Duration of effect of oral long-acting stimulant medications for ADHD throughout the day.
ABSTRACT To examine duration of efficacy in long-acting stimulant treatment of attention-deficit/hyperactivity disorder (ADHD) in clinical trials using analog classroom protocols.
Published reports of clinical trials examining duration of medication efficacy using analog classroom protocols were identified in a systematic literature search of PubMed, BIOSYS, and EMBASE, through June 2009 using combinations of terms: attention-deficit/hyperactivity disorder, ADHD, attention-deficit disorder with hyperactivity, stimulant, methylphenidate (MPH), amphetamine, laboratory school or classroom, analog classroom, math test, and Permanent Product Measure of Performance (PERMP). Reports of short-acting, nonoral or nonstimulant formulations, or inadequate data on duration of efficacy were excluded.
Main outcomes examined were PERMP scores for number of math problems attempted (PERMP-A) and correctly answered (PERMP-C) based on a standard 10-minute math test given at regular intervals during the postdose period.
Fifteen trials were included in the analysis. All except one trial in adults (18-55 years) were conducted in children with ADHD (6-15 years) and employed randomized, double- or single-blind, placebo-controlled designs. Duration of efficacy, based on PERMP-A/-C scores (vs. placebo), ranged from 8 hours with long-acting MPH to 14 hours with lisdexamfetamine dimesylate; most formulations exerted therapeutic effects for 12 hours after a single morning dose. Duration of efficacy assessment may be limited by duration of observation (12 hours postdose for most studies). Outcomes may have been influenced by differences in study designs, population characteristics, lack of comparable, equivalent dosages of different extended-release stimulants, and limited ability to extrapolate safety and tolerability from short-term studies to long-term clinical use. Results from cross-study comparisons must be interpreted with caution.
Most long-acting stimulants exerted beneficial effects on ADHD symptoms for up to 12 hours as measured by the PERMP; the longest duration of efficacy versus placebo was seen with lisdexamfetamine dimesylate (14 hours postdose).
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ABSTRACT: Objectives : This study aimed to investigate the efficacy and safety of Metadate CD (MCD) when given to Korean children and adolescents with attention-deficit hyperactivity disorder (ADHD). We also explored the effects of the drug on diverse neuro-cognitive functions. Methods : Ninety-one subjects with ADHD (mean age 8.62.2 years) were recruited at 6 outpatient clinics in Seoul, Korea. We used the ADHD Rating Scale (ARS), Clinical Global Impression (CGI), and comprehensive attention test (CAT) to measure the drug's effects. Results : After 0.920.32mg/kg/day of MCD were administered for 57.47.6 days, there was a 48.5% reduction in the mean total ARS scores (pJournal of the Korean Academy of Child and Adolescent Psychiatry. 12/2011; 22(4).
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ABSTRACT: Long-acting medications have been developed and approved for use in the treatment of attention-deficit hyperactivity disorder (ADHD). These compounds are intended to optimize and maintain symptoms control throughout the day. We tested prolonged effects of osmotic-release oral system methylphenidate on both attention and inhibition, in the late afternoon. A double-blind, randomized, placebo-controlled study was conducted in 36 boys (7-12 years) with ADHD and 40 typically developing children. The ADHD children received an individualized dose of placebo or osmotic-release oral system methylphenidate. They were tested about 8 hours after taking with 2 continuous performance tests (continuous performance test–X [CPT-X] and continuous performance test–AX [CPT-AX]) and a counting Stroop. A positive effect of osmotic-release oral system methylphenidate was present in CPT-AX with faster and less variable reaction times under osmotic-release oral system methylphenidate than under placebo, and no difference with typically developing children. In the counting Stroop, we found a decreased interference with osmotic-release oral system methylphenidate but no difference between children with ADHD under placebo and typically developing children.Journal of Child Neurology 10/2014; · 1.67 Impact Factor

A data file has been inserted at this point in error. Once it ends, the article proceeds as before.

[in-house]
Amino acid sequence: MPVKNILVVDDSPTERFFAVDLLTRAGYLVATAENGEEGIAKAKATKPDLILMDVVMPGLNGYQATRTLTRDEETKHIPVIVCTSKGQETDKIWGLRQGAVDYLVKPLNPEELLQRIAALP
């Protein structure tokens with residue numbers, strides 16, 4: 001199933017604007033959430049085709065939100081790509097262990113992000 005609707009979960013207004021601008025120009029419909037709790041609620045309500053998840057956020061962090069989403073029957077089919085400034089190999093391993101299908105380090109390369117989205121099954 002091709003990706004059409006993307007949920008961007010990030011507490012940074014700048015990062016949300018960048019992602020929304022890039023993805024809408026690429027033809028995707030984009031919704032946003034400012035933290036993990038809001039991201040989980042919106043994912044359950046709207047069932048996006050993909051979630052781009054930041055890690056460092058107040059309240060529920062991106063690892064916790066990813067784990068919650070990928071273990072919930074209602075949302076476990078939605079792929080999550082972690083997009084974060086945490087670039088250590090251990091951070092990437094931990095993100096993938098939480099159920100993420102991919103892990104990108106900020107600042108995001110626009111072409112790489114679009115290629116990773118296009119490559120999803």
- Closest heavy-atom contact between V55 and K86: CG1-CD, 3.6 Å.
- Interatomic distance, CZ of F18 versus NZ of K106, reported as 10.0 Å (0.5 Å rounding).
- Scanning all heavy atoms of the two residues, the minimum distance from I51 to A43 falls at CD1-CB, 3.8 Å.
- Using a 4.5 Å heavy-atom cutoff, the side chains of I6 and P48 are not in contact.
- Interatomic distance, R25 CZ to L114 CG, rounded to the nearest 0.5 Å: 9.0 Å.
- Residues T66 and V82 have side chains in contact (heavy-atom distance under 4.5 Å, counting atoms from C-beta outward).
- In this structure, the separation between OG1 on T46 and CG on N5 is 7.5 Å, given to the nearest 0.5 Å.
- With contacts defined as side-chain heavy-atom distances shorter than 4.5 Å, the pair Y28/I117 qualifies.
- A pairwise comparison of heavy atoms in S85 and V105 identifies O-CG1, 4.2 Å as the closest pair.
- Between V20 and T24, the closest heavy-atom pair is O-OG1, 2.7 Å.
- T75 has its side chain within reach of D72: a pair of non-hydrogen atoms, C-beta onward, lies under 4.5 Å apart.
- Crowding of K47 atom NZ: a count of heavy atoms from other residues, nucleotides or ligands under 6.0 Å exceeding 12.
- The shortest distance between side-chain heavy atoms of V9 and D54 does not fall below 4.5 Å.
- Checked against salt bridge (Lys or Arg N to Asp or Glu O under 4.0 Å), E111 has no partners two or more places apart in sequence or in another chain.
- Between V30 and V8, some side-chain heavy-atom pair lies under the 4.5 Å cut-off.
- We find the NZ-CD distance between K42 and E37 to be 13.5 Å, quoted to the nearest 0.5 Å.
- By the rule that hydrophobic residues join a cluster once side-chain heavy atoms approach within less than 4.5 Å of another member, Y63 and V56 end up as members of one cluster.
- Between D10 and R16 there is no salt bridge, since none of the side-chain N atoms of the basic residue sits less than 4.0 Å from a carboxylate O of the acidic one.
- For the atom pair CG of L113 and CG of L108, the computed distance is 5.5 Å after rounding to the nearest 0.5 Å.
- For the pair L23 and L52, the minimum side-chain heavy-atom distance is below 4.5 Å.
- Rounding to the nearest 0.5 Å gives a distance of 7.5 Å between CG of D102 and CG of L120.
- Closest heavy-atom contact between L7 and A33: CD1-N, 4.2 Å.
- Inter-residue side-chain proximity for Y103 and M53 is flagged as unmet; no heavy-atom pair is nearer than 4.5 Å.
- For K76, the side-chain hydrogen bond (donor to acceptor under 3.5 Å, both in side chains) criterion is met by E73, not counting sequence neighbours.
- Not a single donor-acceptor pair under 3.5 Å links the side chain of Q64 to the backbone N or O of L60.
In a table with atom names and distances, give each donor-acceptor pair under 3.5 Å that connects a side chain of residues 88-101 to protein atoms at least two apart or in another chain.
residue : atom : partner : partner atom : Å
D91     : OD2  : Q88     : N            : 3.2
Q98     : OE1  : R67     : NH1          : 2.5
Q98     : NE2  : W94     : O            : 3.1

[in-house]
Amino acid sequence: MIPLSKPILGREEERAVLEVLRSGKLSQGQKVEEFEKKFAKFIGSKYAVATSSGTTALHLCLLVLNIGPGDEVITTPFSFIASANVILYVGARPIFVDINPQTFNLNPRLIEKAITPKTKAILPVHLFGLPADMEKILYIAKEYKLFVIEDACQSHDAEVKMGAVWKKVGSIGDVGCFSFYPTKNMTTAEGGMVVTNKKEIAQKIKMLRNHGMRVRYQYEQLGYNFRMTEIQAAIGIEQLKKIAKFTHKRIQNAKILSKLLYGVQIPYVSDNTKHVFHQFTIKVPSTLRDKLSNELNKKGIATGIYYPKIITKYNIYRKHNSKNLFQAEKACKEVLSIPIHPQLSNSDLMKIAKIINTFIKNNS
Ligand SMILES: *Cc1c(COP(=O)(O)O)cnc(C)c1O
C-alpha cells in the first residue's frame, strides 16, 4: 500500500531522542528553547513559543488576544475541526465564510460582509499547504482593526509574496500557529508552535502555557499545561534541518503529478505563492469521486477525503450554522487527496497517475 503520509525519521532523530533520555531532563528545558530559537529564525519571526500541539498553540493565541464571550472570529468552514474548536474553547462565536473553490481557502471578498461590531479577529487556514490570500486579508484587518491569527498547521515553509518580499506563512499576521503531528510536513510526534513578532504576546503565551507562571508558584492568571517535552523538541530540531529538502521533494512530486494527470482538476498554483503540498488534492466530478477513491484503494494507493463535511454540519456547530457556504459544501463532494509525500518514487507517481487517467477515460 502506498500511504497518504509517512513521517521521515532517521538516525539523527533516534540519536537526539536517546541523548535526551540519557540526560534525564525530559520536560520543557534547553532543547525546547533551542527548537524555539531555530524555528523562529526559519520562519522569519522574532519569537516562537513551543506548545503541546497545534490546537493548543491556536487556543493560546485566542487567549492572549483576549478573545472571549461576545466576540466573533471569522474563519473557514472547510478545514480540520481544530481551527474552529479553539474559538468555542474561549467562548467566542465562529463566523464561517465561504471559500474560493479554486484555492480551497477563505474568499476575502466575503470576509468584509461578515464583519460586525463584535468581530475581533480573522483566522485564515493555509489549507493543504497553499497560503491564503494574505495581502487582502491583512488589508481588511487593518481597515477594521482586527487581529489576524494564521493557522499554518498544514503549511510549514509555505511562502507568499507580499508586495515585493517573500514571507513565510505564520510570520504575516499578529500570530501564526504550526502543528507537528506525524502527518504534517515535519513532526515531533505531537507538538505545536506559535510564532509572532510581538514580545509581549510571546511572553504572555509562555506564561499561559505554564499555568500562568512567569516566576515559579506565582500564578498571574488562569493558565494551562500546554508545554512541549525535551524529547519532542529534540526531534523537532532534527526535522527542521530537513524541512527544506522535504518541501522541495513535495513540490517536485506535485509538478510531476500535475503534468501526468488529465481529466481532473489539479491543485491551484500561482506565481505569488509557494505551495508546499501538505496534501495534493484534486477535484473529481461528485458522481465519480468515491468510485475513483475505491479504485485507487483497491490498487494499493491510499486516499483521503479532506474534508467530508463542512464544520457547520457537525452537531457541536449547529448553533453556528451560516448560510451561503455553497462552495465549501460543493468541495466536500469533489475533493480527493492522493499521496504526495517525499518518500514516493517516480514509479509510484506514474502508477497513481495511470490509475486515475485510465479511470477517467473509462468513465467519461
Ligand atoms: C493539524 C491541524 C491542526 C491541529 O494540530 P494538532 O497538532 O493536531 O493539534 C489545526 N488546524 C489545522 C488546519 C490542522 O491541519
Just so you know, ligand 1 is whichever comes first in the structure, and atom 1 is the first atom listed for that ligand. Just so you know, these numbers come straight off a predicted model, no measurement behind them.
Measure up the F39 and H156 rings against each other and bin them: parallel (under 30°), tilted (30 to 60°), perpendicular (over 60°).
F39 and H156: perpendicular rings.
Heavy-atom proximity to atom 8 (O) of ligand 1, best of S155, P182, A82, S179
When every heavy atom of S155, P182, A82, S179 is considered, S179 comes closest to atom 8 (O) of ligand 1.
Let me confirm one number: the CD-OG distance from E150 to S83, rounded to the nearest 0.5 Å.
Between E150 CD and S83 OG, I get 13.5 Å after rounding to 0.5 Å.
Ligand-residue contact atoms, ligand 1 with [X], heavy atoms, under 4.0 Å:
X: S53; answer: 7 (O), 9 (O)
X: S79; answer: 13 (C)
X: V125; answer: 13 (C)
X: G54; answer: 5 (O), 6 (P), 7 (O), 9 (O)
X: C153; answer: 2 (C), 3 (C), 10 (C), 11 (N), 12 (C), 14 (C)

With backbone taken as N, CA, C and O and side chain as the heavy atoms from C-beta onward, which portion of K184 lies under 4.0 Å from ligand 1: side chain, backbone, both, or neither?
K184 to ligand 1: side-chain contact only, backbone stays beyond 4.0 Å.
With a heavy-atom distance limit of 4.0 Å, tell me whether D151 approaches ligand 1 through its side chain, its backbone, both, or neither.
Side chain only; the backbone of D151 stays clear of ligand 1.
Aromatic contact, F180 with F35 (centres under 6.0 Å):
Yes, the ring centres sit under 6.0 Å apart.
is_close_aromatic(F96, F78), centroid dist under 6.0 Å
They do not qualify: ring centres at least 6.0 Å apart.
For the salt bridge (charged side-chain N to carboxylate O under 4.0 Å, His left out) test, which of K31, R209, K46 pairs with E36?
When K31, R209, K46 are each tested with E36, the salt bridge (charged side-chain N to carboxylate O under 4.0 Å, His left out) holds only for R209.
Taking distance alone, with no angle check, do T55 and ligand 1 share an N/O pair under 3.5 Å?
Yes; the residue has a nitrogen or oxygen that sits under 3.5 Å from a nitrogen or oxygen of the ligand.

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ABSTRACT: Attention-deficit/hyperactivity disorder is one of the most common neurobehavioral disorders defined by developmentally inappropriate levels of inattention, hyperactivity, and impulsivity. Symptoms begin in childhood and may persist into adolescence and adulthood. Currently available pharmacological treatment options for attention-deficit/hyperactivity disorder in children and adolescents include stimulants that are efficacious and well tolerated; however, many of these preparations require multiple daily dosing and have the potential for abuse. Lisdexamfetamine dimesylate, the first prodrug stimulant, was developed to provide a longer duration of effect. It demonstrates a predictable delivery of the active drug, d-amphetamine, with low interpatient variability, and has a reduced potential for abuse. A literature search of the MEDLINE database and clinical trials register from 1995-2011, as well as relevant abstracts presented at annual professional meetings, on lisdexamfetamine dimesylate in children and adolescents were included for review. This article presents the pharmacokinetic profile, efficacy, and safety of lisdexamfetamine dimesylate for the treatment of attention-deficit/hyperactivity disorder in children and, more recently, in adolescents.Adolescent Health, Medicine and Therapeutics 01/2012; 3:51-66.